To reassign this money from an old NRP strategy to a current neighborhood priority, we need the community—a.k.a. you—to ratify the board’s recommendation.

But that’s not the only NRP money available to be reassigned: another $9000 in uncontracted funds from an NRP I bike path strategy has also turned up and the Board has voted to recommend using these funds to engage neighborhood residents in other meaningful ways. One thing the Board wants to do is again fund the family reading program we piloted in 2014. A popular and effective program, it worked with immigrant families to better prepare their children’s reading skills and, thus, their ability to succeed in school. Volunteers read books to children and every week each child was given a book to take home.

Other potential uses for these funds include translation services at meetings; youth arts programming via Juxtaposition Art, or via workshops organized in conjunction with resident artists at the California Building; and Movies in the Park—something we can all enjoy.

But, again, this is something for our community to vote on, and other ideas—for how to use this money to engage neighborhood residents—are certainly welcome. To propose an idea, though, you need to show up. In fact, the world is run by people who show up.

Join us and help make Bottineau beautiful.

California Dreamin’ – Win a Trip to California!

California Dreamin raffle ticket artwork

Win Two Tickets to Paradise!

Be a big winner at the California Dreamin’ art crawl on November 13 (5-10 PM) and November 14 (Noon to 8 PM). How? By winning a raffle for two round trip tickets to California.

Raffle tickets will be sold only at the event. Bottineau Neighborhood Association (BNA), the raffle’s sponsor, will also be selling beer and wine in the California Building lobby during the California Dreamin’ open studio event with proceeds benefiting Eastside Environmental Quality of Life (EEQL) and BNA. Beer & Wine sales are sponsored by Fulton Brewery, River Liquor Store and The Sample Room.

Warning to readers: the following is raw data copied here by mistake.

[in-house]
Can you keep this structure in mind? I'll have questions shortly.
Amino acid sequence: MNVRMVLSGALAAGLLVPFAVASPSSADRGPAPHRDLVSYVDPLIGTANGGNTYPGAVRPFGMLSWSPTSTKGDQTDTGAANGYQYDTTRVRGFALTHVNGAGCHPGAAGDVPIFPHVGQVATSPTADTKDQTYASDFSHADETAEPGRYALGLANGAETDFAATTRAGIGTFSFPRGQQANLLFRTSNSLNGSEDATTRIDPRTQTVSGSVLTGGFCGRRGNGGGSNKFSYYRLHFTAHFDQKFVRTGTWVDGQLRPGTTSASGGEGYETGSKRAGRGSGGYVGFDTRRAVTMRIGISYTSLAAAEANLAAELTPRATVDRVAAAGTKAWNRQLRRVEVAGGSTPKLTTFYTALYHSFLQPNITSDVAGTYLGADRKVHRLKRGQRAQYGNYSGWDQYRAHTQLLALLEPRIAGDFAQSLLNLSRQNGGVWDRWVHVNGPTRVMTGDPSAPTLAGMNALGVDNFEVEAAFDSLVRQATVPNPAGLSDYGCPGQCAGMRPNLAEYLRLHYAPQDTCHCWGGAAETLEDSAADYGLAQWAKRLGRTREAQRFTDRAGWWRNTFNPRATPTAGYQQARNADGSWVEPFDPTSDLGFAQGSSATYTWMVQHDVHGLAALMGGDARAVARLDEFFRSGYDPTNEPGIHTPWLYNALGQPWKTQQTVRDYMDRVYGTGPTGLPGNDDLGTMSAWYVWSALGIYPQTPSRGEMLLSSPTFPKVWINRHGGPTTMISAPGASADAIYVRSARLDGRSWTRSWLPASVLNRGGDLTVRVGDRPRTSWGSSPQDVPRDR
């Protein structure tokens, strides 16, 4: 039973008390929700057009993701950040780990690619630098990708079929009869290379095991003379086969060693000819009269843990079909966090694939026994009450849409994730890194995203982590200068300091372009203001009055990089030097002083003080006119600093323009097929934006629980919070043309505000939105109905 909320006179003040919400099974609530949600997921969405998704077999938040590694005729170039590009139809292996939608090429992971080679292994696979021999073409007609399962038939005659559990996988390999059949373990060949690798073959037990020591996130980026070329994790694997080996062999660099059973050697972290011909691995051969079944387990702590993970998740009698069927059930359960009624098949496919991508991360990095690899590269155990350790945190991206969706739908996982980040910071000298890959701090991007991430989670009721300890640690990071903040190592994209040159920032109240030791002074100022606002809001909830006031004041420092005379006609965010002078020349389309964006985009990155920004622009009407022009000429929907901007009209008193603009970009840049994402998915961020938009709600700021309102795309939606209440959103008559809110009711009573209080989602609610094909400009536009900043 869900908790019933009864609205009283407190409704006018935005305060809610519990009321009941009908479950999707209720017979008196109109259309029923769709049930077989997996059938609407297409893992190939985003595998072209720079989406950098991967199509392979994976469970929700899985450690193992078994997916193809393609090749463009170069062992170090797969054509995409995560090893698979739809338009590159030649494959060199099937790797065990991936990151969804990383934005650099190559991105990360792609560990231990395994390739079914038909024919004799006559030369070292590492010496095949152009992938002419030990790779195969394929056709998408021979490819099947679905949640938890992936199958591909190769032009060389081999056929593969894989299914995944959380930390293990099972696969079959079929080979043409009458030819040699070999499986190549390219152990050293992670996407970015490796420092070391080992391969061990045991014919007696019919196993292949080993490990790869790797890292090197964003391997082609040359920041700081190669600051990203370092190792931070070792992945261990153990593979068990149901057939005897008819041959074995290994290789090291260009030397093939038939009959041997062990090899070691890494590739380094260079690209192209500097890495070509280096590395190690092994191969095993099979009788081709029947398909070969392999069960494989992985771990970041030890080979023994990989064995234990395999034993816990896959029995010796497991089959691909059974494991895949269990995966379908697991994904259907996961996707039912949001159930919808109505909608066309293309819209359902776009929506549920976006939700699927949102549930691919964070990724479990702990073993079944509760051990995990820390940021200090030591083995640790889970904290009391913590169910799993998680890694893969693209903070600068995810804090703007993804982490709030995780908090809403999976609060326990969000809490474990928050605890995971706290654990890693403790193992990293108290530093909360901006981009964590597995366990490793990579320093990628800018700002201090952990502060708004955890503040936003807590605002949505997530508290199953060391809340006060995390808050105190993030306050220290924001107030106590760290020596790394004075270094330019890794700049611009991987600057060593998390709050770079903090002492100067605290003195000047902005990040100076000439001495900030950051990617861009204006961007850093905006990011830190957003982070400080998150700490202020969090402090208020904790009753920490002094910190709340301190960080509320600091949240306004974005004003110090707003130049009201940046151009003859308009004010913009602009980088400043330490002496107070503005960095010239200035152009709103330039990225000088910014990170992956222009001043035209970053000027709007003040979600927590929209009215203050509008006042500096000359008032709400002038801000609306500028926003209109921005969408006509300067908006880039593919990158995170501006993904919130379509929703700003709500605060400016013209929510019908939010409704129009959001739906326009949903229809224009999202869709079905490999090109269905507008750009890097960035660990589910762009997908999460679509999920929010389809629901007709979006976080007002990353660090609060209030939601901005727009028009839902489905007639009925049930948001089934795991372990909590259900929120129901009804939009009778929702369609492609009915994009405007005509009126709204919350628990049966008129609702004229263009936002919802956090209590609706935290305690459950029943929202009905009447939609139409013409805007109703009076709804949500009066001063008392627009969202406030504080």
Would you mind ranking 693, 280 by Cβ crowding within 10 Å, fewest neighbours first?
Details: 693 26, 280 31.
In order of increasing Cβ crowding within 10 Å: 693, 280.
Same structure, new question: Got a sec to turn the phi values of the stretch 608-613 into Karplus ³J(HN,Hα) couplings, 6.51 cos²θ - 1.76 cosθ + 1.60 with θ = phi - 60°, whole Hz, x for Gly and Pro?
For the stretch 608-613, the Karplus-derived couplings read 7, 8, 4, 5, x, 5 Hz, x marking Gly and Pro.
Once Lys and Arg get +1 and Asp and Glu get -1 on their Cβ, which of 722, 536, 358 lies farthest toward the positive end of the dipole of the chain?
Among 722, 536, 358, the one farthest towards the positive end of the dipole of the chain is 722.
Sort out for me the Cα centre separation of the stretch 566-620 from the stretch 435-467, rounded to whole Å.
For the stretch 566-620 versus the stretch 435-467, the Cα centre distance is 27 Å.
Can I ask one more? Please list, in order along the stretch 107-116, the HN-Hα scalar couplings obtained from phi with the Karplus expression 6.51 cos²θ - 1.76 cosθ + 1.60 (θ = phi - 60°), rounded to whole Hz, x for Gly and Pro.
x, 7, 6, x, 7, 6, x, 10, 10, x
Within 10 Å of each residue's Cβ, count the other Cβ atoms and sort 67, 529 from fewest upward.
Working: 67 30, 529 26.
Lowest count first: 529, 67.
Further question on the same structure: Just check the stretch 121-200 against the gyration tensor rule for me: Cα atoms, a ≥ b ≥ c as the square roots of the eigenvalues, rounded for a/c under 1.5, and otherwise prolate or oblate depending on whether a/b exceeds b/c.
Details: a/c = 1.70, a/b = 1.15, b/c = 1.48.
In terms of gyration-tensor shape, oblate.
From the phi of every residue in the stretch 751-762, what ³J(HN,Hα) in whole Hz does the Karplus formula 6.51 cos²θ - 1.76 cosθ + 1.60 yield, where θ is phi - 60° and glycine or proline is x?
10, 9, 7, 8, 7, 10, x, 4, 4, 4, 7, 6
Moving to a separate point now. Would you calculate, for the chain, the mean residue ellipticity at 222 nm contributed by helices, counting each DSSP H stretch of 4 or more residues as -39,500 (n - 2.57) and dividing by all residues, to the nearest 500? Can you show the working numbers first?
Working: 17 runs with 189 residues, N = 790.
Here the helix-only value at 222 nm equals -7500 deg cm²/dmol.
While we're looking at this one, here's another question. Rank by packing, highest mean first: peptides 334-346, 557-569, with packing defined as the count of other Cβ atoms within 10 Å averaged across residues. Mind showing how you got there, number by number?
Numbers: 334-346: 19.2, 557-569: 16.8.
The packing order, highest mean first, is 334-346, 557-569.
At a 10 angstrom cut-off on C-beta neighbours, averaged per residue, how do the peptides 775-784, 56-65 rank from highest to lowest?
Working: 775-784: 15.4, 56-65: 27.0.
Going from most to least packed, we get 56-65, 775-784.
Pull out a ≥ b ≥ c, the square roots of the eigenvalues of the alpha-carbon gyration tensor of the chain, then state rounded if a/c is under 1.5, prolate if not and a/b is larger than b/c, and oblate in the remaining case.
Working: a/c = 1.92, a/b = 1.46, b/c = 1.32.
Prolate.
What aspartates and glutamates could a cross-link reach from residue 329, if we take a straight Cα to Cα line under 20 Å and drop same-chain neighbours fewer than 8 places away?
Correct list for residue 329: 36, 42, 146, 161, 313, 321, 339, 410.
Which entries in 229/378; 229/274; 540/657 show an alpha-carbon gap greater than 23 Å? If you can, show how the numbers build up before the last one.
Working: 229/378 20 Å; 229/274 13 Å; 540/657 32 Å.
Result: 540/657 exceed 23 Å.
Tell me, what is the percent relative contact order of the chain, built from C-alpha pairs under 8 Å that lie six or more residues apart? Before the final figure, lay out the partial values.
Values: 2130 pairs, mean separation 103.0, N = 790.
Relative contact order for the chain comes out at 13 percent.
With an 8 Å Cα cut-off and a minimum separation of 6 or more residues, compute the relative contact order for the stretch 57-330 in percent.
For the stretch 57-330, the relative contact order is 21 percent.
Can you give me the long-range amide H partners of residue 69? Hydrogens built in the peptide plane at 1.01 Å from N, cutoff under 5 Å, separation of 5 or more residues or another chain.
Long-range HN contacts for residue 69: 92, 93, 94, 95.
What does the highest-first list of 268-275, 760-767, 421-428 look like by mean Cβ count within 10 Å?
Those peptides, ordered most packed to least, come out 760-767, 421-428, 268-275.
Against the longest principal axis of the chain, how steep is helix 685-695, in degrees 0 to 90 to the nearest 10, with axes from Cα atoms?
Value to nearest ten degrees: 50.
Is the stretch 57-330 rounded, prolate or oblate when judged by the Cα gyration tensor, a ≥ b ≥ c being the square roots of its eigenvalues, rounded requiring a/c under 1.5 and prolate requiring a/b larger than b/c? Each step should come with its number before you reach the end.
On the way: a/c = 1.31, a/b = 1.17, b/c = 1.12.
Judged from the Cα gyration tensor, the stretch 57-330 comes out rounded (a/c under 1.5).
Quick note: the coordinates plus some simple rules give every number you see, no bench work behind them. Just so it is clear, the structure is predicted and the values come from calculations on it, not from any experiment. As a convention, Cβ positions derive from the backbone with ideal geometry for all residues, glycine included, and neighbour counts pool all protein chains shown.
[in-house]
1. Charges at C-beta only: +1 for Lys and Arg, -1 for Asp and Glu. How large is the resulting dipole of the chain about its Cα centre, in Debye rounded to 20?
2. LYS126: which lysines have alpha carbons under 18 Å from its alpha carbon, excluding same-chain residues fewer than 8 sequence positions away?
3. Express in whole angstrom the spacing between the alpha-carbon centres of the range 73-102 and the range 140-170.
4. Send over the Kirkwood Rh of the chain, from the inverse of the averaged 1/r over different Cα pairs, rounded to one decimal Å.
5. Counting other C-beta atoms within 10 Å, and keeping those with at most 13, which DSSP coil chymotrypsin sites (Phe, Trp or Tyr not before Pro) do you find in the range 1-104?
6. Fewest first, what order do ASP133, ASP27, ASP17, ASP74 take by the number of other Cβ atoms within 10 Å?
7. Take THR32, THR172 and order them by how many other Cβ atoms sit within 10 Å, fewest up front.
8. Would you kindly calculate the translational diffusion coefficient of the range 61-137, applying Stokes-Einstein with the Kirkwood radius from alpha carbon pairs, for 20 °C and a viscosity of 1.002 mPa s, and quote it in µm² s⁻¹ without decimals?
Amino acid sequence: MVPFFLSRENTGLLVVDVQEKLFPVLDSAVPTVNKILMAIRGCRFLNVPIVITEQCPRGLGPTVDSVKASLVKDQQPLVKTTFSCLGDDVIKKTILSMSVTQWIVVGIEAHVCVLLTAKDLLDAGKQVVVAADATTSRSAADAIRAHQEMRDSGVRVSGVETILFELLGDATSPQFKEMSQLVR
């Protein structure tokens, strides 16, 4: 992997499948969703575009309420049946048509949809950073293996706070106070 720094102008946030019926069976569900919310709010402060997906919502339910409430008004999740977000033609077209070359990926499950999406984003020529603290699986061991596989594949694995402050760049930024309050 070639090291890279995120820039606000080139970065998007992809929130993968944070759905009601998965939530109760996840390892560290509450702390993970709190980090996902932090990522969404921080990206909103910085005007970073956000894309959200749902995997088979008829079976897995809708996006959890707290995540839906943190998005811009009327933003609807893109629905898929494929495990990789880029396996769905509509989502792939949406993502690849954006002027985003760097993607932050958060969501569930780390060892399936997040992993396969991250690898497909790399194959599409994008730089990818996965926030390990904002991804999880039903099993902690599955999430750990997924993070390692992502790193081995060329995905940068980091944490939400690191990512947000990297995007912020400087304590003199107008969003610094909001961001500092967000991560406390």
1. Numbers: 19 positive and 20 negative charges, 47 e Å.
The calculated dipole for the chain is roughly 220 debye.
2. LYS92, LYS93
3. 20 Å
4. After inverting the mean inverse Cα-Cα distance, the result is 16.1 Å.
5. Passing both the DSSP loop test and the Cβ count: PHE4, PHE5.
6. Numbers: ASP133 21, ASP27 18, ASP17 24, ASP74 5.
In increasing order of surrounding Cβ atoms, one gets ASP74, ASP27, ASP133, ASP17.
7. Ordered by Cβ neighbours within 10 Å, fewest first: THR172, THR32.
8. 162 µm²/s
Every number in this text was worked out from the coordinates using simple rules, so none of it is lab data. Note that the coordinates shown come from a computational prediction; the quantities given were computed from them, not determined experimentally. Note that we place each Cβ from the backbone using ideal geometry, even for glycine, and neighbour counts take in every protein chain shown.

• One prize of a $1000.00 gift certificate for Sun Country Airlines will be awarded to the winner
  • Drawing will be held on Saturday November 14, 2015 at 8:15 PM at 2205 California St NE Minneapolis MN 55418
  • You must be 18 or older to purchase a ticket or win prize


Beautify Bottineau: River & Neighborhood Clean-Up

Saturday April 18, 9am – Noon
Gluek Park (2000 Marshall St. NE)

Free breakfast, bags & gloves provided

Three ways to volunteer or get bags for alley clean-up:

  1. Call 612-367-7262 and leave a message for BNA staff
  2. Click here to fill out an online volunteer form
  3. Send an email to [email protected]

Phase 1: River Clean-up starting at Gluek Park and ending at Edgewater Park where we’ll load refuse for disposal
Phase 2: Alley Clean-up, Volunteers load refuse placed in alleys for removal

Click here for a printable flyer and invite your neighbors!

Event Sponsors:

  • River Liquor Store
  • Psycho Suzi’s Motor Lounge
  • Mississippi Watershed Management Organization
  • Three Rivers Park District
  • The Northeast Riverkeepers
  • National Park Service
  • Mississippi River Fund

BNA cleanup_8.5x11poster_WEB-page-001

GAF Follow-up Meeting

Bottineau Neighborhood Association (BNA) and Concerned Citizens of Marshall Terrace (CCMP) are working in tandem to maintain community pressure on GAF to clean up its emissions.

On Thursday, October 23 at 7pm, all concerned neighborhood residents are encouraged to attend CCMP’s next community meeting dedicated to this issue, located at the RiverVillage Community Room, 2919 Randolph St. NE.

MPCA Air Monitoring Supervisor, Rick Strassman has said he would like to attend. If so, he will explain how air monitoring is currently being conducted on the Mississippi River near GAF. As supervisor for a pilot project that is currently being conducted in Minneapolis at other asphalt operations, he will also discuss the presence of carcinogens that are in these types of emissions but are not currently regulated at GAF or elsewhere.

If this is an issue you care about, mark your calendar and plan on attending.